Isn't it actually just as "naively self-centered" to think people will use our method of dropping leading 0's (in terms of scientific precision) for the next 10000 years? ;)

but also I don't know about "it makes perfect sense, this guy is a visionary" part you're replying to... i guess it's really down to "fanboy vs. troll: round 80103838. FIGHT!".

Re:Temporal sickness? (5, Funny)

maniac/dev/null (170211) | more than 5 years ago | (#24289173)

For that matter, shouldn't it be September 09, 02008? I mean, there will come a time when we need to use days higher than 9, people!

Re:Temporal sickness? (4, Funny)

4D6963 (933028) | more than 5 years ago | (#24289301)

For that matter, shouldn't it be 0September 09, 02008?

There, fixed it for you!

Re:Temporal sickness? (1)

STrinity (723872) | more than 5 years ago | (#24289975)

Middle Endians, I spit upon thee for using the system that makes the least amount of sense. The only correct date format is 09092008.

Re:Temporal sickness? (2, Informative)

Karellen (104380) | more than 5 years ago | (#24289447)

But this problem has already been solved in a backwards-compatible way.

See RFC 2550 - Y10K and Beyond [ietf.org].

Re:Temporal sickness? (0)

Anonymous Coward | more than 5 years ago | (#24290203)

This specification provides a solution to the "Y10K" problem which has also been called the "YAK" problem (hex) and the "YXK" problem (Roman numerals).

Wouldn't Roman numerals make it the "YMMMMMMMMMM" problem?

Re:Temporal sickness? (1)

mgblst (80109) | more than 5 years ago | (#24289619)

And allow me to blow your mind by predicting that one day we will reach 100000 and that therefore we might as well start right now writing it 002008!

I will take that bet. I don't see us getting to 9999.

Re:Temporal sickness? (2, Insightful)

s.d. (33767) | more than 5 years ago | (#24289663)

And allow me to blow your mind by predicting that one day we will reach 100000 and that therefore we might as well start right now writing it 002008!

No one now writes 100 A.D. as 0100 A.D. Why do you predict they'll change this in the future?

Re:Temporal sickness? (1)

4D6963 (933028) | more than 5 years ago | (#24289973)

And allow me to blow your mind by predicting that one day we will reach 100000 and that therefore we might as well start right now writing it 002008! No one now writes 100 A.D. as 0100 A.D. Why do you predict they'll change this in the future?

Good Lord how bloody obvious must a sarcasm be so that I don't get a dozen such remarks?? I mean look at the first half of the very line you quoted, how serious do you think that sounds for God's sake?!?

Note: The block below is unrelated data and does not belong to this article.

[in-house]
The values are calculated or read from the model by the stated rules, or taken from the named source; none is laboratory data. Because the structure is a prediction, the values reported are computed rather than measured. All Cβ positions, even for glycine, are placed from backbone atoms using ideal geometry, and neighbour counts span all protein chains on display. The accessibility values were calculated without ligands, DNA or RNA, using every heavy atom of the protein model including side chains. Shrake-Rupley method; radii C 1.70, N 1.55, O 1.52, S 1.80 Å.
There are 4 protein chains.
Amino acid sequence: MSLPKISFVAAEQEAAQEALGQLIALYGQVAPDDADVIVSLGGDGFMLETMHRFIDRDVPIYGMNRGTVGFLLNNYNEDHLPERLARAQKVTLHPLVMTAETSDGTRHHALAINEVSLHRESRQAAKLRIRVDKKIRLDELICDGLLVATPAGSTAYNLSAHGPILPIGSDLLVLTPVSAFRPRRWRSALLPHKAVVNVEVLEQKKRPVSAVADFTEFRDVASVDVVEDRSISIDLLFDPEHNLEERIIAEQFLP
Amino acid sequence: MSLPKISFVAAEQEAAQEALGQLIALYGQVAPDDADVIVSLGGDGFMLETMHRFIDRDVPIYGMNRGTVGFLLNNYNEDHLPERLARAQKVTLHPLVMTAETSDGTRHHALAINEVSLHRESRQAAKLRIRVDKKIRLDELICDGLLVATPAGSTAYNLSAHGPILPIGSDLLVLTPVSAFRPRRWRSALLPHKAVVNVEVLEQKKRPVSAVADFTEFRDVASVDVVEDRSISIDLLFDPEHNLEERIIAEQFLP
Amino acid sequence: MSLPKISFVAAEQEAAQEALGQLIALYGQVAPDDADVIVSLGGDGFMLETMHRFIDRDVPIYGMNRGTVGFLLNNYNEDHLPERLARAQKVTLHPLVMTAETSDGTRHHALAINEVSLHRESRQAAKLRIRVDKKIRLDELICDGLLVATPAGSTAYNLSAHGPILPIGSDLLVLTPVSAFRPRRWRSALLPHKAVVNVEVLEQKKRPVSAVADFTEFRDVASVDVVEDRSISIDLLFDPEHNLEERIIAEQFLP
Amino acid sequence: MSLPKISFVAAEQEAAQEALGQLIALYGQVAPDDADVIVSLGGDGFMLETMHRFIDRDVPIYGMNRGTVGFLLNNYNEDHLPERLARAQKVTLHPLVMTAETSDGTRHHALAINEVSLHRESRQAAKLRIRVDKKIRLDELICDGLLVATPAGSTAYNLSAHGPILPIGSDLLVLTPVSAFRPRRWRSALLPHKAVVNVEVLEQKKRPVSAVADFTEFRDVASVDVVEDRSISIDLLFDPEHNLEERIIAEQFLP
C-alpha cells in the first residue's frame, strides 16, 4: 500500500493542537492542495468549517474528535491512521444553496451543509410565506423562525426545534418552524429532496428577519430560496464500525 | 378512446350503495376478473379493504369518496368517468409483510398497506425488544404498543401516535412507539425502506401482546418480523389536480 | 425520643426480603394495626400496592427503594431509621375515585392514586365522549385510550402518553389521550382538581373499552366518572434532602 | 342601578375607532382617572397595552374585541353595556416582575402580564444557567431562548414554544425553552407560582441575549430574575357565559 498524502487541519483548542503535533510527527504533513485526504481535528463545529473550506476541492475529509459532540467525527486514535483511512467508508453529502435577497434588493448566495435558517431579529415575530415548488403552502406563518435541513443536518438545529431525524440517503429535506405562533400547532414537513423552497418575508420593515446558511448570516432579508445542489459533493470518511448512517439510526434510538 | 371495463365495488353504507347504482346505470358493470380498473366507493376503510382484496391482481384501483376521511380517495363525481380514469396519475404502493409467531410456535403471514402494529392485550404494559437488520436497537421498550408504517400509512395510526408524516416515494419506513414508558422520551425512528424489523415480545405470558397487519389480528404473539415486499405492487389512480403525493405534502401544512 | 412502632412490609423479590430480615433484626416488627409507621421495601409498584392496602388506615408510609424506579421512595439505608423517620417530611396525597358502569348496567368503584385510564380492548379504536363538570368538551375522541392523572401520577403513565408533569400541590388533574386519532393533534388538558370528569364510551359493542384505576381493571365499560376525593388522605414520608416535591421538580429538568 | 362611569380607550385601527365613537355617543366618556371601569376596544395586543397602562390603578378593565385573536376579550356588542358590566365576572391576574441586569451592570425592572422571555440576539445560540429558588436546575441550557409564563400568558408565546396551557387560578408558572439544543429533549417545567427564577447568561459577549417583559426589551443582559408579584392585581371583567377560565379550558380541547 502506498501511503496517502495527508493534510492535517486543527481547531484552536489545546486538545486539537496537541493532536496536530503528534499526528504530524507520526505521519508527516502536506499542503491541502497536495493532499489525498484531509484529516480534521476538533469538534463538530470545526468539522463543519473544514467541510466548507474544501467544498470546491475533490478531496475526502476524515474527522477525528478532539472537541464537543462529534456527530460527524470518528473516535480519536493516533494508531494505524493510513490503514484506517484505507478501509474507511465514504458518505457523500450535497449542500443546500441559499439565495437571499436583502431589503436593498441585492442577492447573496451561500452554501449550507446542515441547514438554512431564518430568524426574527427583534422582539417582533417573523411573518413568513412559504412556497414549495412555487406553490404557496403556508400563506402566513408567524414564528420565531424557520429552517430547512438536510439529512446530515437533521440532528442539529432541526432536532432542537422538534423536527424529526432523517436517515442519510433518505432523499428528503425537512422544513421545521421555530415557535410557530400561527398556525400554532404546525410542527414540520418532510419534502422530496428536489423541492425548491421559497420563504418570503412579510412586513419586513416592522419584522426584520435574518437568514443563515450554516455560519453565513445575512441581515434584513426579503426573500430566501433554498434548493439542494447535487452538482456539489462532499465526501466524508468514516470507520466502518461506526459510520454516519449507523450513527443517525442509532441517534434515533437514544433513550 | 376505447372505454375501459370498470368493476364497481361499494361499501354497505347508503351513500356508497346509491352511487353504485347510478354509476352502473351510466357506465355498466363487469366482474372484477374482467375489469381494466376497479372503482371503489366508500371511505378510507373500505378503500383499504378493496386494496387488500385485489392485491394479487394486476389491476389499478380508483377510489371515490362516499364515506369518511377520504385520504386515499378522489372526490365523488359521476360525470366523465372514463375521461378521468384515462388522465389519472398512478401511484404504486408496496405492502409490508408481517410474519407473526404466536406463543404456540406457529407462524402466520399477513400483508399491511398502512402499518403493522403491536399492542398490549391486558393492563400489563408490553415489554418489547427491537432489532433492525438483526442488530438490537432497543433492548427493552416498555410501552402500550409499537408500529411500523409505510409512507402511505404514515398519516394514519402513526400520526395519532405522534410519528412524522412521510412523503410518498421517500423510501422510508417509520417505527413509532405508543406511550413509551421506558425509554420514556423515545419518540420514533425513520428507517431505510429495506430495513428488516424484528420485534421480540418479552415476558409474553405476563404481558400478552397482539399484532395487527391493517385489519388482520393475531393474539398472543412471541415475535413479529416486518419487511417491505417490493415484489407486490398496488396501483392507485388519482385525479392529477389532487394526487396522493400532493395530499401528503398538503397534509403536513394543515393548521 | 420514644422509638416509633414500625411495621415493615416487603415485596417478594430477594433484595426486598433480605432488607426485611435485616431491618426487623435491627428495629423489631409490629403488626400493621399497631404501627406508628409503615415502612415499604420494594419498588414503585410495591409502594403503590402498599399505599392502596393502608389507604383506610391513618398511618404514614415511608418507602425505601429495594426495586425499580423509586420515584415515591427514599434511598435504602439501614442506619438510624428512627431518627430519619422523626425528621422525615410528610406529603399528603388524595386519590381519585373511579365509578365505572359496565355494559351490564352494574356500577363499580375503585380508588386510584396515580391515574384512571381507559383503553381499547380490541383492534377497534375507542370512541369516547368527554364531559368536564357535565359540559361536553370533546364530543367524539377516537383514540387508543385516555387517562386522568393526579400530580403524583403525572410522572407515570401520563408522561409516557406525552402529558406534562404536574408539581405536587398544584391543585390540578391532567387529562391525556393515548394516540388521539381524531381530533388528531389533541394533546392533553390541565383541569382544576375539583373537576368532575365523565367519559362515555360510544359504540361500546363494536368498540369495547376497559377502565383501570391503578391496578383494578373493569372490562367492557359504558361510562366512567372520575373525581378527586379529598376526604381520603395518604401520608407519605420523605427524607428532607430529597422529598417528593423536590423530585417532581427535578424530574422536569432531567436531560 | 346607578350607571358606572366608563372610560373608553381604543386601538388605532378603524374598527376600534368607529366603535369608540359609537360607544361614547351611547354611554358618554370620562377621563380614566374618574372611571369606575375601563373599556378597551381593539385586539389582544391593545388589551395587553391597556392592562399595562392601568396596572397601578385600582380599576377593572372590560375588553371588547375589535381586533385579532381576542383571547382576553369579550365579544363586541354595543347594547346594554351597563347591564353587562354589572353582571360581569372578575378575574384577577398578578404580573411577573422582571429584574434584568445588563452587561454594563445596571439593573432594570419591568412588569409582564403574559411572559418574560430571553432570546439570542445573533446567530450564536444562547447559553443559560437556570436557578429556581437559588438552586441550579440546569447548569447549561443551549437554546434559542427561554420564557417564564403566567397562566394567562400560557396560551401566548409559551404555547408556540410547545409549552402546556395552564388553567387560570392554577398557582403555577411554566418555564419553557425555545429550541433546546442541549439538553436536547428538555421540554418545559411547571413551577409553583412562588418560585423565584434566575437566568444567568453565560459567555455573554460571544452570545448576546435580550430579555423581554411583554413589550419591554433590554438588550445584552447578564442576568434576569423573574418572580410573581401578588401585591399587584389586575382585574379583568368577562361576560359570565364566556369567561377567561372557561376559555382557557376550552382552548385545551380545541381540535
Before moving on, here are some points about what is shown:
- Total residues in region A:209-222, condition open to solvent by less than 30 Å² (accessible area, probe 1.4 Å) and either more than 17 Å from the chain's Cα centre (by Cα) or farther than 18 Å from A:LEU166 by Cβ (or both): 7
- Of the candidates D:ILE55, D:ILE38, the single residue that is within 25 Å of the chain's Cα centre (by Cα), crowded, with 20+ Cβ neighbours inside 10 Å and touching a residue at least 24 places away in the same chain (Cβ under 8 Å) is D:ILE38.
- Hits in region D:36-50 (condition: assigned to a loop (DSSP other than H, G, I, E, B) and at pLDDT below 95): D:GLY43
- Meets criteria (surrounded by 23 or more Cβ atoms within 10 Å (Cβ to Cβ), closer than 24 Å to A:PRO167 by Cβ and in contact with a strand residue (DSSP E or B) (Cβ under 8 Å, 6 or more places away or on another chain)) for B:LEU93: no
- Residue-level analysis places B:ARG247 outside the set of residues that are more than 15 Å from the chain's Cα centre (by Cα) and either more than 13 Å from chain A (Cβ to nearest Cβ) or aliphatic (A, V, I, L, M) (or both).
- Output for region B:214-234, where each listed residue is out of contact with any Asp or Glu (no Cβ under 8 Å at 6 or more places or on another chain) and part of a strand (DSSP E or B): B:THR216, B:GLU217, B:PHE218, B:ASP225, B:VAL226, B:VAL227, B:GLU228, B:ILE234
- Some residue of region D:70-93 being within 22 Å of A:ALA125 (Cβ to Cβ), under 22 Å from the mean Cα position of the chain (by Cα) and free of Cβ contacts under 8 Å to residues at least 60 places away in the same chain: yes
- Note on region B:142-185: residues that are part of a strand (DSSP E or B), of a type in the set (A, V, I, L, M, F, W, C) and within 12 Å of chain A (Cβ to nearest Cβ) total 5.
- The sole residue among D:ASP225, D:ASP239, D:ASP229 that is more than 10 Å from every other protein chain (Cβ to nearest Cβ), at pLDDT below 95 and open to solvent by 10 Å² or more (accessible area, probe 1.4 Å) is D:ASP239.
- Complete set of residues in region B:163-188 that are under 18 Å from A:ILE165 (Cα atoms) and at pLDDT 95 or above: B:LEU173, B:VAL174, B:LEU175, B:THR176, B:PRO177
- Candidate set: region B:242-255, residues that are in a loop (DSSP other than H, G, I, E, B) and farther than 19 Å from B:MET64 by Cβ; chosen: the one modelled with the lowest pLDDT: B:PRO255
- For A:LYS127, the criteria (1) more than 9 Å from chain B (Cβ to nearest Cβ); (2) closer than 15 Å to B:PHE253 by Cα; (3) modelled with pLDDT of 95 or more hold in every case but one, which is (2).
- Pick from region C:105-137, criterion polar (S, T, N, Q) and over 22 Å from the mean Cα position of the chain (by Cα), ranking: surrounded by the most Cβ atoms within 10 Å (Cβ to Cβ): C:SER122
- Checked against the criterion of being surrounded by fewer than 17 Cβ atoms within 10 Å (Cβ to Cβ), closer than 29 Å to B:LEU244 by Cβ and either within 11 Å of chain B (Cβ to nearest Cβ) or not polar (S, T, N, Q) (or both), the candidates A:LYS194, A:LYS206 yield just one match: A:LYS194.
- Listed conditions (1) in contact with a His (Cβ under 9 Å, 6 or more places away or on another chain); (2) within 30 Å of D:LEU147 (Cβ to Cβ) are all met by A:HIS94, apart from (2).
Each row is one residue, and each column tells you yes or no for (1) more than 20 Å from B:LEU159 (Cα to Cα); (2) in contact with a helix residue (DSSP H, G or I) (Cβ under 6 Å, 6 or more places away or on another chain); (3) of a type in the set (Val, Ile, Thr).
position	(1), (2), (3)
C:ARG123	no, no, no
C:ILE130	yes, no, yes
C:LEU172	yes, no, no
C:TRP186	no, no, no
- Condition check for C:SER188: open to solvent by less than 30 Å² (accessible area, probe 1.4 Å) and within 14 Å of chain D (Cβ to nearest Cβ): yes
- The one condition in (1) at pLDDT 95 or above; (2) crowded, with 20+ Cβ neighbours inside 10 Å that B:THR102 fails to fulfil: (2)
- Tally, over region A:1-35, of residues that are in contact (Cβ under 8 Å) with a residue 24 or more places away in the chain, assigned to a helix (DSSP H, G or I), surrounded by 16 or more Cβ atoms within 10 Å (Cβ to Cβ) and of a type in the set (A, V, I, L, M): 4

Re:Temporal sickness? (0)

Anonymous Coward | more than 5 years ago | (#24290151)

it doesn't have to be obvious, but it can at least be funny.

Smoking dollar bills most likely * . (1)

MRe_nl (306212) | more than 5 years ago | (#24288889)

The Long Now Foundation:
10,000 Year Membership
We now offer a millennial opportunity for a non-transferable 10,000-year membership to The Long Now Foundation. This Membership costs ten thousand dollars and the first 7 10,000 Year Members receive a unique signed and numbered print from Brian Eno.

Actually I understand they're preparing for the next software/overflow bug.

* so that would be cocaine ?

Re:Smoking dollar bills most likely * . (1)

SputnikPanic (927985) | more than 5 years ago | (#24289297)

We now offer a millennial opportunity for a non-transferable 10,000-year membership to The Long Now Foundation. This Membership costs ten thousand dollars

Shoot, why didn't I think of this? This is genius! On par with the guy who came up with the idea of selling star names!

The only question that really matters (3, Insightful)

edremy (36408) | more than 5 years ago | (#24288753)

Will he write an ending for it, or will it just sort of stop in mid-page?

Re:The only question that really matters (1)

jayhawk88 (160512) | more than 5 years ago | (#24288783)

You know, when his endings can be a river of molten gold saving the day, I think I'm OK with him just skipping that part.

Re:The only question that really matters (1)

alienmole (15522) | more than 5 years ago | (#24288921)

I always thought that had to be a satire on happy endings. Taken that way, you can almost forgive him for it.

Re:The only question that really matters (2, Insightful)

SatanicPuppy (611928) | more than 5 years ago | (#24289409)

Nah, it was just fucking postmodern. That's one of the rules of postmodern writing: Don't resolve anything.

The secret to reading postmodern fiction is trying to figure out what he was really talking about. The gold was a metaphor: if they were really trying to remove the gold from the mountain, that was about the worst way to do it, and, on top of that, remember that there were jewels and artwork in there as well, which would be destroyed by such a method.

The "pumping the mountain full of gas" thing was reminiscent of Bobby Shaftoe's death (with him pumping the bunker full of gas and lighting it), so he was probably drawing a parallel there.